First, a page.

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We talk to mother of five and founder of La Coqueta to discuss all things motherhood
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celia-munoz-motherhood celia-munoz-motherhood

Motherhood Diaries: Celia Muñoz

We talk to mother of five and founder of La Coqueta to discuss all things motherhood
Read more
Celia Muñoz
Motherhood Diaries

Celia Muñoz

We talk to mother of five and founder of La Coqueta to discuss all things motherhood.

Shop La Coqueta

Motherhood Diaries is a testament to modern-day parenting; from life-changing tribulations, to joyous milestones - and all the chaotic bits in between. Each month, we’ll uncover a refreshingly honest account from the Liberty community, with the aim to support women who might otherwise feel frustrated, isolated or overwhelmed. Here, we invite all maternal figures to speak openly about their journey to motherhood, find light in each narrative and ultimately, a sense of solidarity.

The next to feature in our monthly series is Celia Muńoz, founder of Spanish kids’ clothing label, La Coqueta. The mother of five reflects on the importance of having a solid support system and developing a healthy relationship with your body.

I always wanted to be a mother. I come from quite a big family; I absolutely adore my mother and the way she raised my siblings and I feel the size of my family contributed positively to my happiness as a child. I always had somebody to play with, talk to, laugh with and fight with. I wanted my family to have a similar set-up to my upbringing and I am lucky to share my life with a person who shares a similar idea of family.

I had a pretty standard pregnancy journey in the way that I got to experience all of the uncertainty and wonderful emotions you get when you become pregnant for the first time. I gradually became more savvy and confident as a woman and as a mother, as I kept having more children and growing up with them, learning from them quite literally! I had two miscarriages which I felt were very painful and made me even consider a future without children. It was a very upsetting and isolating experience.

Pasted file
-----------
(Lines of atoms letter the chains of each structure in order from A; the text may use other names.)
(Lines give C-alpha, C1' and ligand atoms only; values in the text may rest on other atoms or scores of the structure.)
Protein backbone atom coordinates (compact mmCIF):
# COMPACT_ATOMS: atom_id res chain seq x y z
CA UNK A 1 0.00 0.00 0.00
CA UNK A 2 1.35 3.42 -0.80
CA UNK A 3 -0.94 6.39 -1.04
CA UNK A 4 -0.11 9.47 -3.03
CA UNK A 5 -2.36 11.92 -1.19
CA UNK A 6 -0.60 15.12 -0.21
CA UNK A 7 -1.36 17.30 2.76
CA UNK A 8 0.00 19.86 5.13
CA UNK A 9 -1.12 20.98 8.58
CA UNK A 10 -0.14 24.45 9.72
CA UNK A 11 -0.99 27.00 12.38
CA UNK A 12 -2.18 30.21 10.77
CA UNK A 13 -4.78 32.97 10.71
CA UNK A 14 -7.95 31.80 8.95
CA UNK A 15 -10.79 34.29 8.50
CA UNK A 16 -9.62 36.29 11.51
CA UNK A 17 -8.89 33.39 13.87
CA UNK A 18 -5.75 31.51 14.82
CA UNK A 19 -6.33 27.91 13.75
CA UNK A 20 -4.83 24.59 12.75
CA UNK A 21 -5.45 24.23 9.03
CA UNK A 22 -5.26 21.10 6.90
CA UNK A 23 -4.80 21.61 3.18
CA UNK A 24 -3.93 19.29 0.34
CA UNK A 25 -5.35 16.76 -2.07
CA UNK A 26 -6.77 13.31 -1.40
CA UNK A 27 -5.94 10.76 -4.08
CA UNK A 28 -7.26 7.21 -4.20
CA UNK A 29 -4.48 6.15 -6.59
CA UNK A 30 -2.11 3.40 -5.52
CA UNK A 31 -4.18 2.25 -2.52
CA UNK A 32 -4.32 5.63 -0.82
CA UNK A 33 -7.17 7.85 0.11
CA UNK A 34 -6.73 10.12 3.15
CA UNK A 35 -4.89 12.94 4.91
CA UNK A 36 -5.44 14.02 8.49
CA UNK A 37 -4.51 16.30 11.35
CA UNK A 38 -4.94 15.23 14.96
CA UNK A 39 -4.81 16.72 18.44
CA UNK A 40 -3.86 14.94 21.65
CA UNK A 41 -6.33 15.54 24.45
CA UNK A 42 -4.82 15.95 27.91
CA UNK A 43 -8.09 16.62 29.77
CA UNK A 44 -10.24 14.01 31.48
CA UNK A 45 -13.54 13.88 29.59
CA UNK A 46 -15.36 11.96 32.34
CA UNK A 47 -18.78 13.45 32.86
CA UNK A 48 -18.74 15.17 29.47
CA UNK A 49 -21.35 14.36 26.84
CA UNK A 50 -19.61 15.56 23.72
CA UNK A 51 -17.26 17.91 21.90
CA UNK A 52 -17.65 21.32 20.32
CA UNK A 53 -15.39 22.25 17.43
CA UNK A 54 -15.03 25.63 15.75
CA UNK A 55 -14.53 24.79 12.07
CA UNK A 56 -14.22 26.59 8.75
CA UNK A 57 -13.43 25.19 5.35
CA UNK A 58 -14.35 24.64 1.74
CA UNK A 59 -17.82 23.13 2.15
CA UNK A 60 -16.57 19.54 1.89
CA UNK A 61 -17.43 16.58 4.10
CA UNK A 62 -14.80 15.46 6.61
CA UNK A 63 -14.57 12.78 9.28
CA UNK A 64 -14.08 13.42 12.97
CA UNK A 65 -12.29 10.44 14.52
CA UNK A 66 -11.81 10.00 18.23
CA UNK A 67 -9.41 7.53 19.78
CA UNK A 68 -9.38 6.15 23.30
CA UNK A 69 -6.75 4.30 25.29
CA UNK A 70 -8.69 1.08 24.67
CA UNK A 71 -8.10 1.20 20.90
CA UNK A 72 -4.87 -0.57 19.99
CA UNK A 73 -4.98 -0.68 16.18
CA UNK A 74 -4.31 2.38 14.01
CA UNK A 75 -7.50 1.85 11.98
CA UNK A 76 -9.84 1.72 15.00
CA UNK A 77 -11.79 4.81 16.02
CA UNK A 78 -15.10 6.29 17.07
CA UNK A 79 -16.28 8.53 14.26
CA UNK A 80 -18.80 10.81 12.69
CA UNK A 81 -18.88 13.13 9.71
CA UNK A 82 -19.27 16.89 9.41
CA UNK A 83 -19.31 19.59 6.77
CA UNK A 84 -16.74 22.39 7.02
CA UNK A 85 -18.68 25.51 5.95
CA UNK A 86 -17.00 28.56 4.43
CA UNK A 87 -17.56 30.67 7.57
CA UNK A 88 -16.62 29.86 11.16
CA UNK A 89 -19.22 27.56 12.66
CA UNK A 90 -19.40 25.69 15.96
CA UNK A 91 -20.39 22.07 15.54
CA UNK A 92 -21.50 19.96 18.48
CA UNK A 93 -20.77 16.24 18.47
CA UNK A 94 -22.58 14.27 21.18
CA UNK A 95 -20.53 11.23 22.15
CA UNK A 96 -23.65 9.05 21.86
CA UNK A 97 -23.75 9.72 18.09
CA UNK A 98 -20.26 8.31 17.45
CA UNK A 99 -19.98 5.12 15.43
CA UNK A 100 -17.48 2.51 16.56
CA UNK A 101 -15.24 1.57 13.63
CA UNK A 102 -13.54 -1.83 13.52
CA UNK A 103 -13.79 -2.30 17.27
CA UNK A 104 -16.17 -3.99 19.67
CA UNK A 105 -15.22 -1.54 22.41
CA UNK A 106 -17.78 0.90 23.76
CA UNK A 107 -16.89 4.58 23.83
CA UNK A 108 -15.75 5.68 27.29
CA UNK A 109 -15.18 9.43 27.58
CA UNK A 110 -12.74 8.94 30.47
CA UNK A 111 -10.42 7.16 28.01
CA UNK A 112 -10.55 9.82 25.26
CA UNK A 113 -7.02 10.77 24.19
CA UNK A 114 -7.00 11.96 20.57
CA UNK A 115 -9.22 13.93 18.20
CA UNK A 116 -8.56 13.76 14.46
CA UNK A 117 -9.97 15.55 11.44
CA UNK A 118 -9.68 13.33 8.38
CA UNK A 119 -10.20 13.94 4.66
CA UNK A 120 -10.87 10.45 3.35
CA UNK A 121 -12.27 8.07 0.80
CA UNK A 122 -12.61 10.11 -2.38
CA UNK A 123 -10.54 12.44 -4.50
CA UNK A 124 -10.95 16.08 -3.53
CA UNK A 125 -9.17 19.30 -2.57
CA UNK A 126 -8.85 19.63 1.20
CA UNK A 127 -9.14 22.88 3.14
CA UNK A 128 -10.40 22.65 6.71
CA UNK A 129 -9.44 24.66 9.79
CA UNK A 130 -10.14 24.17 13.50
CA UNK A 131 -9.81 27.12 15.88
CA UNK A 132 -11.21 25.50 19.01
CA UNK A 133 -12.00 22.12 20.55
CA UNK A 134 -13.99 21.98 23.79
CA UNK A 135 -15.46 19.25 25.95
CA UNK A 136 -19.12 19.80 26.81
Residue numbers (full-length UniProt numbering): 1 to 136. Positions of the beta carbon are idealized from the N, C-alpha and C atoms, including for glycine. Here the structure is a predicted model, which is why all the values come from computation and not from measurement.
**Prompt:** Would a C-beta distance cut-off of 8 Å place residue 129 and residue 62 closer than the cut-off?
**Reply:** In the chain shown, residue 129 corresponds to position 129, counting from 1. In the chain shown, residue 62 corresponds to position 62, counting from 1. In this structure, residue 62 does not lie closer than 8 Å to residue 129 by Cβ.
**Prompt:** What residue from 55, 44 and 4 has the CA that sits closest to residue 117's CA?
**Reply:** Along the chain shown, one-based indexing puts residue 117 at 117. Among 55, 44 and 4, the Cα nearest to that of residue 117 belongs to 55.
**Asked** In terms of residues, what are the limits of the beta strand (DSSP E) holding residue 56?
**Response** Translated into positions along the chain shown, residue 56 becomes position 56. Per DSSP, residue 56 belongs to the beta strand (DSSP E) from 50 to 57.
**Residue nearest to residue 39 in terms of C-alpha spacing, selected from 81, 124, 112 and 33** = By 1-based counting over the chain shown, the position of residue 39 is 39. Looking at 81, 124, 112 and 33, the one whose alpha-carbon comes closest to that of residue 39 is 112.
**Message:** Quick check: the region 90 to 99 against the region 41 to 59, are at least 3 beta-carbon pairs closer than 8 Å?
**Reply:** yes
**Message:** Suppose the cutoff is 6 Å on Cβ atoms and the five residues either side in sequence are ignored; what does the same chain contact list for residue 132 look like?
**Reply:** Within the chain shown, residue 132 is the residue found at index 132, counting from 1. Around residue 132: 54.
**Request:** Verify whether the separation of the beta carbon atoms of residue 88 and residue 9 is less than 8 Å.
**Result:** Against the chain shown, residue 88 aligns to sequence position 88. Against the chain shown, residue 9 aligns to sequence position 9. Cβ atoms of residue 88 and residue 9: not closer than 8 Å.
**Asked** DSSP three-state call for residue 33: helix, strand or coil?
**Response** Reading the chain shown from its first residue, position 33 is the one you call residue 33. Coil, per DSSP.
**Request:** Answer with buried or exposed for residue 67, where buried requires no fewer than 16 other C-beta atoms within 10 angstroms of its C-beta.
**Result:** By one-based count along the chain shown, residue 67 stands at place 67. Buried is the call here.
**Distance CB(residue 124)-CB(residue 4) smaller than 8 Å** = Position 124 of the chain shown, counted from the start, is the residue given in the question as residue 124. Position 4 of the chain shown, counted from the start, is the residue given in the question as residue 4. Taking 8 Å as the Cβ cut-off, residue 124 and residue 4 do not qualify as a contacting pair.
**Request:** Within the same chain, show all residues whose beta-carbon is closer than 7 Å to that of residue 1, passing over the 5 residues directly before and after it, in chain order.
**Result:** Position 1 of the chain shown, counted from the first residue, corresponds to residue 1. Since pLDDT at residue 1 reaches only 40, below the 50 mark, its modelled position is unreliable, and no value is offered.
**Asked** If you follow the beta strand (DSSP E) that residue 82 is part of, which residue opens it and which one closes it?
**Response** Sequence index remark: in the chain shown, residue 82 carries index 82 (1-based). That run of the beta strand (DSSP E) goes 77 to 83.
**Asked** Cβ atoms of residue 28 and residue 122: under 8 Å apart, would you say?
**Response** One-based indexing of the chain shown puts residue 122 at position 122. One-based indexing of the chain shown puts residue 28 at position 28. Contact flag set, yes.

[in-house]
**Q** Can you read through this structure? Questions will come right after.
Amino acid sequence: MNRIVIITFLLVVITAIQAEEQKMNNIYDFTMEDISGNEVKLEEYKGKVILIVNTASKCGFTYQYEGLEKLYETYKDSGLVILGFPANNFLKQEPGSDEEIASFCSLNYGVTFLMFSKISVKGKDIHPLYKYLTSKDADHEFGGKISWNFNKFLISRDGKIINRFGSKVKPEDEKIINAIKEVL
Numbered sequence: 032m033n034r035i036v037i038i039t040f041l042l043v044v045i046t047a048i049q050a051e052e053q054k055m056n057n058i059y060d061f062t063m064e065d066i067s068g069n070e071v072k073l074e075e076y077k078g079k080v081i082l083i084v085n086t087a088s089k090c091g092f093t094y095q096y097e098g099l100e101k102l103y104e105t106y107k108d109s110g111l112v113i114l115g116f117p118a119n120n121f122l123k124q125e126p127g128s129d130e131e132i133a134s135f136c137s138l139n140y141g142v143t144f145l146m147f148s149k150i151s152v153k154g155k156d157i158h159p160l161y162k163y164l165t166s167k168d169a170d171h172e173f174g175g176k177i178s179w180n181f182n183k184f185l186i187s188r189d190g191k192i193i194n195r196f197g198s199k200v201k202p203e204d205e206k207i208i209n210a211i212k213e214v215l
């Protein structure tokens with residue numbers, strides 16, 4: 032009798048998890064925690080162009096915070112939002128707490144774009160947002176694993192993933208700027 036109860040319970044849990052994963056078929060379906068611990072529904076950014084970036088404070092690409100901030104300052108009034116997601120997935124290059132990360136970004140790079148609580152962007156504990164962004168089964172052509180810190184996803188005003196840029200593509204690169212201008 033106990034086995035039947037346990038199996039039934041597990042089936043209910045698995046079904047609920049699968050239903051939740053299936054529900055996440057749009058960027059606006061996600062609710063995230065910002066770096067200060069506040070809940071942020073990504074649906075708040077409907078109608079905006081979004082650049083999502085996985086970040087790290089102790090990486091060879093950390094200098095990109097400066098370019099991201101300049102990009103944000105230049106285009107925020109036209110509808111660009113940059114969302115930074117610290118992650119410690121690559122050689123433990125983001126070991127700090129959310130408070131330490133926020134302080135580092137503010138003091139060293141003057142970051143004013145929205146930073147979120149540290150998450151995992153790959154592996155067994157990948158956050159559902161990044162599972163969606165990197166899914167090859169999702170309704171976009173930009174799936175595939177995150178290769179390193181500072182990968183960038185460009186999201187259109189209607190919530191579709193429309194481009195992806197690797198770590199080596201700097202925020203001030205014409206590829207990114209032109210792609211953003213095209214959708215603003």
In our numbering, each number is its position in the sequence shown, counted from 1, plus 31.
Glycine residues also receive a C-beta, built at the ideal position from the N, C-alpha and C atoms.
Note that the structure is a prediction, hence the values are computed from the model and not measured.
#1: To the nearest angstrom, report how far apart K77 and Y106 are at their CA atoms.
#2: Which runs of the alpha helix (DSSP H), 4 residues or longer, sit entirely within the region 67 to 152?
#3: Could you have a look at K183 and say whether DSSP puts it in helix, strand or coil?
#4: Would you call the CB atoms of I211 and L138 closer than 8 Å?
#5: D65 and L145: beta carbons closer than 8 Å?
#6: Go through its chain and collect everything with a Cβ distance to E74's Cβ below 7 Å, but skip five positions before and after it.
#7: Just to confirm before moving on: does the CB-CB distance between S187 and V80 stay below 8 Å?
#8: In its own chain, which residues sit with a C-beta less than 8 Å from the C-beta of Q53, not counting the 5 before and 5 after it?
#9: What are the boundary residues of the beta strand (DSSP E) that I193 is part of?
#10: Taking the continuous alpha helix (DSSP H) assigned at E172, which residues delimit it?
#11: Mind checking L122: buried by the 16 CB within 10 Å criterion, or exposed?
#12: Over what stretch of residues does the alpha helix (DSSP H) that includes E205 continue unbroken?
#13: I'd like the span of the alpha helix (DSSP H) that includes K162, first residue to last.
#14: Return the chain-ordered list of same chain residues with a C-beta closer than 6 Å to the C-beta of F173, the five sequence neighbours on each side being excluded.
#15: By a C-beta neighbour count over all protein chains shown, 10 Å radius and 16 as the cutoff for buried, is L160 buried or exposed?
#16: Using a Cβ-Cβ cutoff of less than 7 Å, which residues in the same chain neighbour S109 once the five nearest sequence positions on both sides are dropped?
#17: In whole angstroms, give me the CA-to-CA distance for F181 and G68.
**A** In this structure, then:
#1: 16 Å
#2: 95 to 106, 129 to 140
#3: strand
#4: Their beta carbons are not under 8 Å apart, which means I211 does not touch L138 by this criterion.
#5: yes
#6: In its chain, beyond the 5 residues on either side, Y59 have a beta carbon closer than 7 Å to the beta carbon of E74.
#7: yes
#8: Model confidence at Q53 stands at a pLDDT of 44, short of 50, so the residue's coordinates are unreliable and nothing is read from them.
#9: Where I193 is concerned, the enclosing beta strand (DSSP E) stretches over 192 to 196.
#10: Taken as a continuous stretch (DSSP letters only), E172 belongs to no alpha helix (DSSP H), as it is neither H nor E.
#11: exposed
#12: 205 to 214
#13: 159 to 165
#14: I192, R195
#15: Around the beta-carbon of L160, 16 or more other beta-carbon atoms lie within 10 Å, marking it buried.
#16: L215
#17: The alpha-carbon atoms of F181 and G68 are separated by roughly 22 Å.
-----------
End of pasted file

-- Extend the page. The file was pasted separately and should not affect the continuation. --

I feel I was lucky as out of five pregnancies, I only had one complication which forced me to remain in bed for six months and have an intervention before giving birth. Apart from that, it was all fairly seamless, although if I may say, I never had the same type of pregnancy - different feelings and experiences every time! My birth experiences were easy and “by the book” which allowed me to see it all as a very enjoyable experience. I am aware not everybody goes through that and I feel extremely lucky to have experienced my pregnancies and birth of my children the way I did.

I had my last baby a few years ago but my main resources were my obstetrician, a book my father gave me “Duérmete Niño” which taught me how to train my children to sleep (very much needed when you have five children under the age of five) and overall, my parent’s advice. The Baby Centre website at the time used to be the place to go to if you wanted to find out anything about your baby’s development. In general, I kept away from anything else in order to not get overly confused.